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Satellite Imagery Meteorology 101 Lab 9 December 1, 2009.

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Presentation on theme: "Satellite Imagery Meteorology 101 Lab 9 December 1, 2009."— Presentation transcript:

1 Satellite Imagery Meteorology 101 Lab 9 December 1, 2009

2 Satellites  October 4, 1957 – Russia launched Sputnik 1, the first satellite in history –As a result, space science boomed in America as it led Americans to fear that the Soviets would launch missiles containing nuclear weapons.  1959 – Scientists at the Space Science and Engineering Center (SSEC) at UW- Madison conducted pioneering meteorological satellite research, revealing the vast benefits of meteorological satellites. dvanced/20th_soviet_sputnik. html

3 Evolution Until Today  First weather satellite lasted 79 days  Now many years  Two distinct types of weather satellites –GOES - Geostationary Operational Environmental Satellites -POES - Polar Operational Environmental Satellites (also referred to as “LEO” – Low Earth Orbit)  They are defined by their orbital characteristics  There are also many other satellites in orbit, some of which are not functioning and those are referred to as “space debris”.

4 Geostationary Vs. Polar Orbiting

5 GOES  GOES: Geostationary Operational Environmental Satellites  Orbit as fast as the earth spins  Maintain constant altitudes (~36,000 km, or 22,300 miles) and momentum over a single point, always over the equator  Imagery is obtained approximately every 15 minutes unless there happens to be an important meteorological phenomenon worth higher temporal resolution  Generally has poor spatial resolution- sees large fixed area and covers polar regions poorly.  But, good for viewing large scale meteorological phenomena (cyclones, hurricanes, etc.) at lower and middle latitudes



8 Sample Composite

9 POES POES: Polar Operational Environmental Satellites Rotates around the earth from pole to pole Significantly closer to the Earth than geostationary satellites (879 km above the surface) Sees the entire planet twice in a 24 hour period Lower altitude gives it a good spatial resolution: Very high resolution images of the atmosphere and Earth Poor temporal resolution: Over any point on Earth, the satellite only captures two images per day! Best resolution over the poles


11 POES  More then a few in orbit currently  Two examples are TERRA and AQUA  Have different viewing instruments on them  One example is MODIS: Moderate Resolution Imaging Spectroradiometer  Acquires data in 36 spectral bands (groups of wavelengths)  As a result, MODIS can create a true color visible image, which can: –Show changes in vegetation during fall/spring –Show smoke plumes, dust plumes, etc.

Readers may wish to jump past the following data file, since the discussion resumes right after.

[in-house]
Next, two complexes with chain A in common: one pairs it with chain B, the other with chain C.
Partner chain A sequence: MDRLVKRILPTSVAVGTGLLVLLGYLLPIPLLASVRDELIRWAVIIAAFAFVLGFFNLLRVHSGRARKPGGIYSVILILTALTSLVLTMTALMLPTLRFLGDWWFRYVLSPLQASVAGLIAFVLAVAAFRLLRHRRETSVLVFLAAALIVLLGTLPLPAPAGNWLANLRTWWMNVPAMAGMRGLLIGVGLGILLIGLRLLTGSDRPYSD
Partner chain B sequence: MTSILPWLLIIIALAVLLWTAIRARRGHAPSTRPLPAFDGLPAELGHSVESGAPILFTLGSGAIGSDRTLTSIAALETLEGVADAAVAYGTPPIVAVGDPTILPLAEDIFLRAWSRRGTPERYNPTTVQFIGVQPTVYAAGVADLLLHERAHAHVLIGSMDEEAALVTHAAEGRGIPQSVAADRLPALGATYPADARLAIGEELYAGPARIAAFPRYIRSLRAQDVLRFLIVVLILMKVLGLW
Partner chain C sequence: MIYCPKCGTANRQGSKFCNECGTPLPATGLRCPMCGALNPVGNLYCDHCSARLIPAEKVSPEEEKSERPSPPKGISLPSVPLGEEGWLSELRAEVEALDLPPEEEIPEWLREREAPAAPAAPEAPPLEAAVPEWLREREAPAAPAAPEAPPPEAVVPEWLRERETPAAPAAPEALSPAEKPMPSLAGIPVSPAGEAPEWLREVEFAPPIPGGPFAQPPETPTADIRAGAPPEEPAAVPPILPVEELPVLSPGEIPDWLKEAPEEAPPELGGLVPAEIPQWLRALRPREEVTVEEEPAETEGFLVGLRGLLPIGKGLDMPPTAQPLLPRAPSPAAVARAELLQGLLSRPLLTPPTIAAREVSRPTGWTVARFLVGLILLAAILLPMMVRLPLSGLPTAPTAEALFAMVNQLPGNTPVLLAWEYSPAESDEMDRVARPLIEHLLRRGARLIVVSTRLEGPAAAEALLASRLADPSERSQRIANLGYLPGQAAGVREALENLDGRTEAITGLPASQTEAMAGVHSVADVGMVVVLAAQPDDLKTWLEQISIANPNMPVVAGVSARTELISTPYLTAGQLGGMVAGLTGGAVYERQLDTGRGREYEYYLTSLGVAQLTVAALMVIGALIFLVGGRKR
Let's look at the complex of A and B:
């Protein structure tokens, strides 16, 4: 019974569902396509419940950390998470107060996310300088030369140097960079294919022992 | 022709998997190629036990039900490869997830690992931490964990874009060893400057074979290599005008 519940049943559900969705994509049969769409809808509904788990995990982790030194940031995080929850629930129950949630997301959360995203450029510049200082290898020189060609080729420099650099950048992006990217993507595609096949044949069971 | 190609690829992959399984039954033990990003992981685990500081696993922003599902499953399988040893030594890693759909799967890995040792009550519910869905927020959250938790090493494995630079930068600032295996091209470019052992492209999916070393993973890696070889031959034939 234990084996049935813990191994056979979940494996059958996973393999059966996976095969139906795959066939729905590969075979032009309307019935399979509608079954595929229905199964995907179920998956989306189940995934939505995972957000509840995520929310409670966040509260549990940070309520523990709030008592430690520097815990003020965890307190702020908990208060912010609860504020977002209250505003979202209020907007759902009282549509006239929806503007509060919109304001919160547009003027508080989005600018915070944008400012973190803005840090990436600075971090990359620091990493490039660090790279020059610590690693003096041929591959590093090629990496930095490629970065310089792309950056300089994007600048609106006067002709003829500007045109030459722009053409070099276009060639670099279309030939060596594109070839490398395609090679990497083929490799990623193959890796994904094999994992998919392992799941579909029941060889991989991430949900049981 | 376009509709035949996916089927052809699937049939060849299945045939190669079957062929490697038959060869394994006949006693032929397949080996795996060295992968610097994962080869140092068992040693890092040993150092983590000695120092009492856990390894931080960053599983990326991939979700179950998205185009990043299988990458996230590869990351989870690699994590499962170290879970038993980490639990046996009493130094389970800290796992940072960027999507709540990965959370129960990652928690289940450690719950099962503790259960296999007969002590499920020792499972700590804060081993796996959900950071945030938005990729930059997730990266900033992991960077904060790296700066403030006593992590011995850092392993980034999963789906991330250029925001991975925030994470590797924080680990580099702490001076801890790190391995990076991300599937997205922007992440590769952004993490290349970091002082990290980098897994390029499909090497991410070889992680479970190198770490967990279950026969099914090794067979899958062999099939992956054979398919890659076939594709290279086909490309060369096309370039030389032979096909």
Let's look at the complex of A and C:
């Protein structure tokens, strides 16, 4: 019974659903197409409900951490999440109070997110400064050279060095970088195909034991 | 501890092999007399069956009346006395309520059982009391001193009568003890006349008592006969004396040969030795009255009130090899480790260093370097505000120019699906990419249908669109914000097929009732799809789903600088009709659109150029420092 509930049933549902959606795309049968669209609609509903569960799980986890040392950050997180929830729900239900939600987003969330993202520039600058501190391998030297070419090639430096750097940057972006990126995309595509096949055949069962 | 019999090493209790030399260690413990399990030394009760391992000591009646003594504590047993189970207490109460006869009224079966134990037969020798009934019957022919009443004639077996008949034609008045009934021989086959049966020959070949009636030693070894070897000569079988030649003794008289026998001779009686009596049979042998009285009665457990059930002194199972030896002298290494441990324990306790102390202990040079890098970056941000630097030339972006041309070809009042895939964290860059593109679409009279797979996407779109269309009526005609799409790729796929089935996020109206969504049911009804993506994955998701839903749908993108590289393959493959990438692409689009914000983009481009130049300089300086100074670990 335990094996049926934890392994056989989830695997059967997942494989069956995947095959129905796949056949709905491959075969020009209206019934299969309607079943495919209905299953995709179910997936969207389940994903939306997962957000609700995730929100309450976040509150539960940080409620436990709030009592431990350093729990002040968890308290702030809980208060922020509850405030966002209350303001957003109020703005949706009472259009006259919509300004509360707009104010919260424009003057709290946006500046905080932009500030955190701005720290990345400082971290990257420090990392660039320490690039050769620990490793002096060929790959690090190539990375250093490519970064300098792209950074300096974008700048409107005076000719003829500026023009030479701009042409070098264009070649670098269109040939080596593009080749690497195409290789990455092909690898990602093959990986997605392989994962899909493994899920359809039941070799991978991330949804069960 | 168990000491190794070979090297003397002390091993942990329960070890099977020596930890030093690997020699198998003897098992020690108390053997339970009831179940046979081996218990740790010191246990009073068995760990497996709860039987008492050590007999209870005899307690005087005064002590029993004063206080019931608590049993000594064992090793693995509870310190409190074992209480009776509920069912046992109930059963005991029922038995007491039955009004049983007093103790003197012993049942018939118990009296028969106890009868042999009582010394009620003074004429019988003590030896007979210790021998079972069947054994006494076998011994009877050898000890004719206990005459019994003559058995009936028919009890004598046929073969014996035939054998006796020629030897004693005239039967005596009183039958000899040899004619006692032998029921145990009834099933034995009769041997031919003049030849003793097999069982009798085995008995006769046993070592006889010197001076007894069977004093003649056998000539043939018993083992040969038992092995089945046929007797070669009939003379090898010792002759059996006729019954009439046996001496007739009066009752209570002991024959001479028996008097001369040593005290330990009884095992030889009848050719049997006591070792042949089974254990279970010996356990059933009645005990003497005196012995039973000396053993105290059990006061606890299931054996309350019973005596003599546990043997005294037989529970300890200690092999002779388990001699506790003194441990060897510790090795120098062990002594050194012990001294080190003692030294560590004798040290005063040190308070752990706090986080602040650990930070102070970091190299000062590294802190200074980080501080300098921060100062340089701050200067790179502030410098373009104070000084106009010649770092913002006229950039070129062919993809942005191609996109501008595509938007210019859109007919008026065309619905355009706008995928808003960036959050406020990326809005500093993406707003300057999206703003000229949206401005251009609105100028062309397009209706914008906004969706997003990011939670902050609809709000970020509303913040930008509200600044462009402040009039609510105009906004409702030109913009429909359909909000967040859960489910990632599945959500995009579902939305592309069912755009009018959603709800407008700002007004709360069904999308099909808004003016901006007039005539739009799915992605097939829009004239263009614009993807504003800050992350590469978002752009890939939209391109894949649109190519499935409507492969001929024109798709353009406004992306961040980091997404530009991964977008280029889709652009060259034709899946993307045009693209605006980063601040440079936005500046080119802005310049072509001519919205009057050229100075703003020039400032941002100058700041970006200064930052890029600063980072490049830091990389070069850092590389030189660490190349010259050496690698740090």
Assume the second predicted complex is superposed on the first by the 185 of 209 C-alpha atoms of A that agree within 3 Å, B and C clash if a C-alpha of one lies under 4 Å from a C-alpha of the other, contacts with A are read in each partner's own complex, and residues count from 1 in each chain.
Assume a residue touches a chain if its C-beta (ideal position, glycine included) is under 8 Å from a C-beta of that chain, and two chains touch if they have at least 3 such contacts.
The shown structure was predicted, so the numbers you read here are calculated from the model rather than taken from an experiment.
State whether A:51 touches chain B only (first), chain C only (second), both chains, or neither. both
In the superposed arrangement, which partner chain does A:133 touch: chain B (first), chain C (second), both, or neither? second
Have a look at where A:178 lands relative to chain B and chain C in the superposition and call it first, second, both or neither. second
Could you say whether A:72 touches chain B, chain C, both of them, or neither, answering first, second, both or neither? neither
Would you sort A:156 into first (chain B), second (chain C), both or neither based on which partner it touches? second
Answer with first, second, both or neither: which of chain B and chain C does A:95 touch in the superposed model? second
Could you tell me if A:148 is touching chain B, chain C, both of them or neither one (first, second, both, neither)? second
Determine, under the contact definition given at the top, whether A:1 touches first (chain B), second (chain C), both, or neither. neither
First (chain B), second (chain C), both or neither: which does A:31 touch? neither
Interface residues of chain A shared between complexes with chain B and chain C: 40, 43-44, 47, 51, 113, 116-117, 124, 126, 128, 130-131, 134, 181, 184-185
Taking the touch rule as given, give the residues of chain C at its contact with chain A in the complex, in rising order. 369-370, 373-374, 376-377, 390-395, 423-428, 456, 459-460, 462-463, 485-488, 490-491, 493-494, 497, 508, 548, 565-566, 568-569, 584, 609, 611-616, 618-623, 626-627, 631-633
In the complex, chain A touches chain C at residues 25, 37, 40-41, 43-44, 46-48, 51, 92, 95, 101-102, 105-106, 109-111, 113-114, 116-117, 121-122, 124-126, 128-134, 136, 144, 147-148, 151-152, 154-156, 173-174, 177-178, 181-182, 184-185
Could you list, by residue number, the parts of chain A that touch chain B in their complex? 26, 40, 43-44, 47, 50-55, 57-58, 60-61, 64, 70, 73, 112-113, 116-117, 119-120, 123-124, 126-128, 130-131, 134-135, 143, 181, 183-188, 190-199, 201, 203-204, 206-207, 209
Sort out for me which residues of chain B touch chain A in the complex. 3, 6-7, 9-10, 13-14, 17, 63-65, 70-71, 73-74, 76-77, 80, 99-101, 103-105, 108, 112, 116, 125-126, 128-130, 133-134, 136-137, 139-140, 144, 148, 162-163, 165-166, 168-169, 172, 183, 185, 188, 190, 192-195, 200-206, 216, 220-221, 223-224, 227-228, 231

12 Example MODIS image

13 Wildfires Near Los Angeles Using MODIS

14 Types of Satellite Imagery VISIBLE Measures visible light (solar radiation, 0.6  m) which is reflected back to the satellite by cloud tops, land, and sea surfaces. Thus, visible images can only be seen during daylight hours! Dark areas: Regions where small amounts of visible light are reflected back to space, such as forests and oceans Light areas: Regions where large amounts of visible light are reflected back to space, such as snow or clouds


16 Visible Pros/Cons  Pros: –Seeing basic cloud patterns and storm systems –Monitoring snow cover – Shows nice shadows of taller clouds (has a 3-D look to it)  Cons: –Only useful during the daylight hours –Difficult to distinguish low clouds from high clouds since all clouds have a similar albedo (reflect a similar amount of light) –Hard to distinguish snow from clouds in winter

17 Types of Satellite Imagery WATER VAPOR (WV) Displays infrared radiation emitted by the water vapor (6.5 to 6.7  m) in the atmosphere Bright, white shades represent radiation from a moist layer or cloud in the upper troposphere Dark, grey or black shades represent radiation from the Earth or a dry layer in the middle troposphere

18 Types of Satellite Imagery INFRARED (IR) Displays infrared radiation (10 to 12  m) emitted directly by cloud tops, land, or ocean surfaces Wavelength of IR depends solely on the temperature of the object emitting the radiation Cooler temperatures (like high cloud tops) are shown as light gray, or white tones Warmer temperatures (low clouds, ocean/lake surfaces) are shown dark gray Advantage: You can always see the IR satellite image



21 Interpreting Visible vs. IR

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